A bit over a year ago, I wrote this article about continuous learning and discussed our Technical Thursdays. If you haven’t read it yet, I encourage you to do so! There, I talked about the importance of having a great team that is passionate and curious about learning.
A very common problem people have while testing an ember application that uses the wonderful ember-wormhole addon is making the page objects to play nicely with it. In this blog post I’ll try to cover some of the problems and solutions regarding this.
As any Ember developer probably knows by now, the error messages shown by failing asserts are far from ideal. Getting a failed, expected argument to be truthy, was: false followed by a stack trace that points to lines on the generated test file (one file with all your compiled tests), can be pretty disappointing when you want to be able to get quick feedback from your tests.
One of the best practices when using QUnit is to always include an error message that explains what’s the purpose of the assertion. This is a good practice but in reality it falls short: developers tend to be lazy and not include all messages, or sometimes the error message and the assertion are one to one equivalent, e.g.:
assert.equal(page.title, 'hello world', "Page title is hello world"); Having better errors by default can help in those cases.
As part of our Technical Thursdays’ last cycle, we set out to improve this, looking to both enhance our tests and learn more about ember-cli and its addons.
The result was ember-qunit-nice-errors, a just add water and mix kinda addon 😉
In this post I want to share with you a set of addons that I regularly use to aid me when testing an Ember application or addon which I think should be in every Ember developer toolbox.
The idea is to give you a hint of what problems they solve and how they work.
This is the list of addons we’ll go through
The first preview version of Ruby 2.4 was released a few days ago. This particular release includes a bunch of new features. Moreover, it introduces some fixes and changes that are not entirely backward compatible. Thus, we need to pay close attention to these differences in this new version of Ruby.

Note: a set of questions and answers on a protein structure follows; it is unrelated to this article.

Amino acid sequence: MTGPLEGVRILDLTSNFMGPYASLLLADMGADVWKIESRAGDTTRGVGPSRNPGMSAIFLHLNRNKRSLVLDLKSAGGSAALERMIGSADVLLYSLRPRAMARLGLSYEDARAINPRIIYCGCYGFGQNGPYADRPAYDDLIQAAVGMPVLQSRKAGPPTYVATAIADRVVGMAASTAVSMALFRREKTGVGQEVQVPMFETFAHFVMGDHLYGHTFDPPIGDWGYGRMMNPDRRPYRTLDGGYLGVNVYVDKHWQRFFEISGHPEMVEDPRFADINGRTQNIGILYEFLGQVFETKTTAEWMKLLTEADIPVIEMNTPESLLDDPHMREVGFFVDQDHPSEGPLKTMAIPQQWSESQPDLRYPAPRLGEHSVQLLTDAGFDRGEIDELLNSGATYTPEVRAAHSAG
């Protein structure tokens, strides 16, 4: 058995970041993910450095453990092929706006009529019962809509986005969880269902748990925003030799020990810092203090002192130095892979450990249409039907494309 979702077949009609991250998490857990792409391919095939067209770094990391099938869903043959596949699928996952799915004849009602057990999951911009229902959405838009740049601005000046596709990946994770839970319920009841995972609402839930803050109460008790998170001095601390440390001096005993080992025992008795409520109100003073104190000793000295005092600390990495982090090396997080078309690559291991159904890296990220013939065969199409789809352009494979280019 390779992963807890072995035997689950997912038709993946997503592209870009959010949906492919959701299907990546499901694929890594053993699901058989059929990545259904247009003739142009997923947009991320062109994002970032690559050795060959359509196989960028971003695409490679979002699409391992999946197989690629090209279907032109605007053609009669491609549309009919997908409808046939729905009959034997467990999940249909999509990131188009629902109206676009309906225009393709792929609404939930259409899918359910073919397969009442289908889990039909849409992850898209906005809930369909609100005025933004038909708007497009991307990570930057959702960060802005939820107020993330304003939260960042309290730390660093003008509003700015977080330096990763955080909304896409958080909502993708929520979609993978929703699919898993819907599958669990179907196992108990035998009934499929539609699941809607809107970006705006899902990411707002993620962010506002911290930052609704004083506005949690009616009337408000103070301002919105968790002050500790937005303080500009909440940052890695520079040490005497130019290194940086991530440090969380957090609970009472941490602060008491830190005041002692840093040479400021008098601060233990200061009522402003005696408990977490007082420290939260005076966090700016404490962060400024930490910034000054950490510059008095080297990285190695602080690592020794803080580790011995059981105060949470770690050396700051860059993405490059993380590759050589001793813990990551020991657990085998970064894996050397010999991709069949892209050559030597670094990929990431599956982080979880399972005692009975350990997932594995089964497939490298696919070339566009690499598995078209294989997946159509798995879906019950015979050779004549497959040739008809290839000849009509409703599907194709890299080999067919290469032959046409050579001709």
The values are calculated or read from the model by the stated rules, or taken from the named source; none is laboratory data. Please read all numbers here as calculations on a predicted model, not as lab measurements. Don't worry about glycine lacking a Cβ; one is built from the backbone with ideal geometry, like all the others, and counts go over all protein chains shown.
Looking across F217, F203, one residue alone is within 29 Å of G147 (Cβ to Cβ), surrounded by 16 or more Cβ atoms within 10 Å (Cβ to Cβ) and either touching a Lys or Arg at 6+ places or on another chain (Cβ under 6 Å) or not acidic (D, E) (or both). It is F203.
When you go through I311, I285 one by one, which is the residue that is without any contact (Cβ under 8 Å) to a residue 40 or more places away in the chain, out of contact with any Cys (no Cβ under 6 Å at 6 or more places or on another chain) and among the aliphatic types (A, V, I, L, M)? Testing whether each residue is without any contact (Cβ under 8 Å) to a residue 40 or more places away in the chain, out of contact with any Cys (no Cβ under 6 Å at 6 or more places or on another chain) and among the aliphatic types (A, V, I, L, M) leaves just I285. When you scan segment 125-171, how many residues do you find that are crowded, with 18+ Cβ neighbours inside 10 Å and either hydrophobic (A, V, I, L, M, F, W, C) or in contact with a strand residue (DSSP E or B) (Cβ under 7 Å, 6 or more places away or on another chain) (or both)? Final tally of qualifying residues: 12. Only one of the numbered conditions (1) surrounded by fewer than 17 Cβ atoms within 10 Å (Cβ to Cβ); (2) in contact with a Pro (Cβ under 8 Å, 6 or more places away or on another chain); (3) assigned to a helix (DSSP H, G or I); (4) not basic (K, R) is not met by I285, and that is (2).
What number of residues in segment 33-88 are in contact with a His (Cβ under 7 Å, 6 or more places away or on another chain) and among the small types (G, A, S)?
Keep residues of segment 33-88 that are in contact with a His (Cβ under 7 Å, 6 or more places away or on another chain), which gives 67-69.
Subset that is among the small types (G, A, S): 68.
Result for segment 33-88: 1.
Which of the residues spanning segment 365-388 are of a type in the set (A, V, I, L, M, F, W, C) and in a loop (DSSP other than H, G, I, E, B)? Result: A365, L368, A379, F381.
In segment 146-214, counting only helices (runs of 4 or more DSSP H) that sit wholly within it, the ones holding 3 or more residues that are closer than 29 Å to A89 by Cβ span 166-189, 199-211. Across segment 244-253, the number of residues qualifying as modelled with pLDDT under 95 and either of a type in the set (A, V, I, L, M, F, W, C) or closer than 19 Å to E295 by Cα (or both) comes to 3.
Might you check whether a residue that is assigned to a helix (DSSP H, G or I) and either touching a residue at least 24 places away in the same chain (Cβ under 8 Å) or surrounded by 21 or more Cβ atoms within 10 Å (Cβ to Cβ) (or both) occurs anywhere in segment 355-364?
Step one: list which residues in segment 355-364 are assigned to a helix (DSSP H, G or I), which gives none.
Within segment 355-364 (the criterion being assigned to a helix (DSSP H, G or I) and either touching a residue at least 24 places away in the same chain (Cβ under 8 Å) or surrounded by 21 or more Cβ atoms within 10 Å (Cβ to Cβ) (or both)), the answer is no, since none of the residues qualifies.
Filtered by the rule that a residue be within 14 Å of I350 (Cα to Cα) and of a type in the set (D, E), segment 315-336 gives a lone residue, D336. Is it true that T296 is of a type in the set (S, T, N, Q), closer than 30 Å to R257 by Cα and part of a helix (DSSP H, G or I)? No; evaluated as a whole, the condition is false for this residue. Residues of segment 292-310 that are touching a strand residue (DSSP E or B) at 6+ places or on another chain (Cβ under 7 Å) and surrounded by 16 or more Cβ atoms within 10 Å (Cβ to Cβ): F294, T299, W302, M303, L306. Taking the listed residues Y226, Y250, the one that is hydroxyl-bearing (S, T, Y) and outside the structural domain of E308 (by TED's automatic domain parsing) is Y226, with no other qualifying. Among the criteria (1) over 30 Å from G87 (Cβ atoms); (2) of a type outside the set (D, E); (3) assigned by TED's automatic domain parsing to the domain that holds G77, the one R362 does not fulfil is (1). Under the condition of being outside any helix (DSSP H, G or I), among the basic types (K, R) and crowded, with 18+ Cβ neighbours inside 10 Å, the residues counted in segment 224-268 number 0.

In this post, we’ll focus on some remarkable changes in behavior, so as to better understand how our applications could be affected or improved once we upgrade to Ruby 2.4.
TC39 has a proposal for adding async functions to ECMAScript. This new language feature is very useful for working with the promise pattern that is heavily used in Ember’s acceptance tests.
We have a saying on one of our office walls that reads, “A company is only as good as the people it keeps”. Not only do we find that to be true, but we consider it to be of the utmost importance, and that’s why we try hard to have only the best.
With this in mind, we don’t limit ourselves to candidates with professional experience in Ruby when hiring. We really don’t care what programming language you have a background in, be it Java, PHP, .NET, and so on. What matters to us is that you’re talented and a good fit within our company culture.
In order to further assist you in becoming one of the best, we have outlined an onboarding process enabling you to learn everything you need to know before becoming a team member on a client project.
Edit: In this post we’re upgrading an application to Rails 5.0.0.beta1.1 and Rails 5.0.0.beta2 is now already released. Throughout this post we show some patches we needed to apply to Rails to get our application working. Those patches are now included as part of Rails 5.0.0.beta2. We still consider this post worth reading to get an interesting view of how to upgrade your applications to newer versions of Rails and betas in particular.
In this post, we’re going to upgrade a Rails 4.2.5 application to Rails 5.0.0.beta1.1. If we didn’t already have that version, we would have to first upgrade to Rails 4.2.5 and clean up the possible warnings generated before continuing. A good test suite is recommended - our application has them - but if we didn’t have them, it would be good to have the ability to add a few automated tests that lend us some confidence before jumping into the new Rails 5. Not doing so would confront us with too many risks.
In previous posts, we demonstrated how to build an API application with Rails 5. Specifically, we covered integration with Backbone and Ember. At the time of writing of those posts, the only way to try out the all-new Rails API mode was by taking the code from the master branch, since Rails 5 had not yet been released. However, Rails-5-0-beta1 is available now, so you can easily start to build applications using Rails in its new API-flavored mode.
This Rails release also includes some changes related to the API mode that materialized in Rails a few weeks ago. The purpose of those changes is to improve error responses to JSON requests in Rails. We initiated a discussion about how Rails should handle and return responses in the proper format in the case of an error in processing a request, and then we finally came up with the necessary code changes in Rails.
Life doesn’t stand still.
Neither can the code that we write. In order to keep up with today’s near-frantic pace of change, we need to make every effort to write code that’s as loose–as flexible–as possible. Otherwise we may find our code quickly becoming outdated, or too brittle to fix, and may ultimately be left behind in the mad dash toward the future.
This quote, taken from the highly regarded “The Pragmatic Programmer” book, depicts beautifully an ongoing, everyday challenge software developers face: writing flexible enough code which smoothly adapts to change.
What Andy Hunt and Dave Thomas are telling us is that software we develop, just as much as the world we live in, resides in a constant state of evolution. Despite our best efforts, requirements will change, and we’ll be better off if our solution is prepared for it.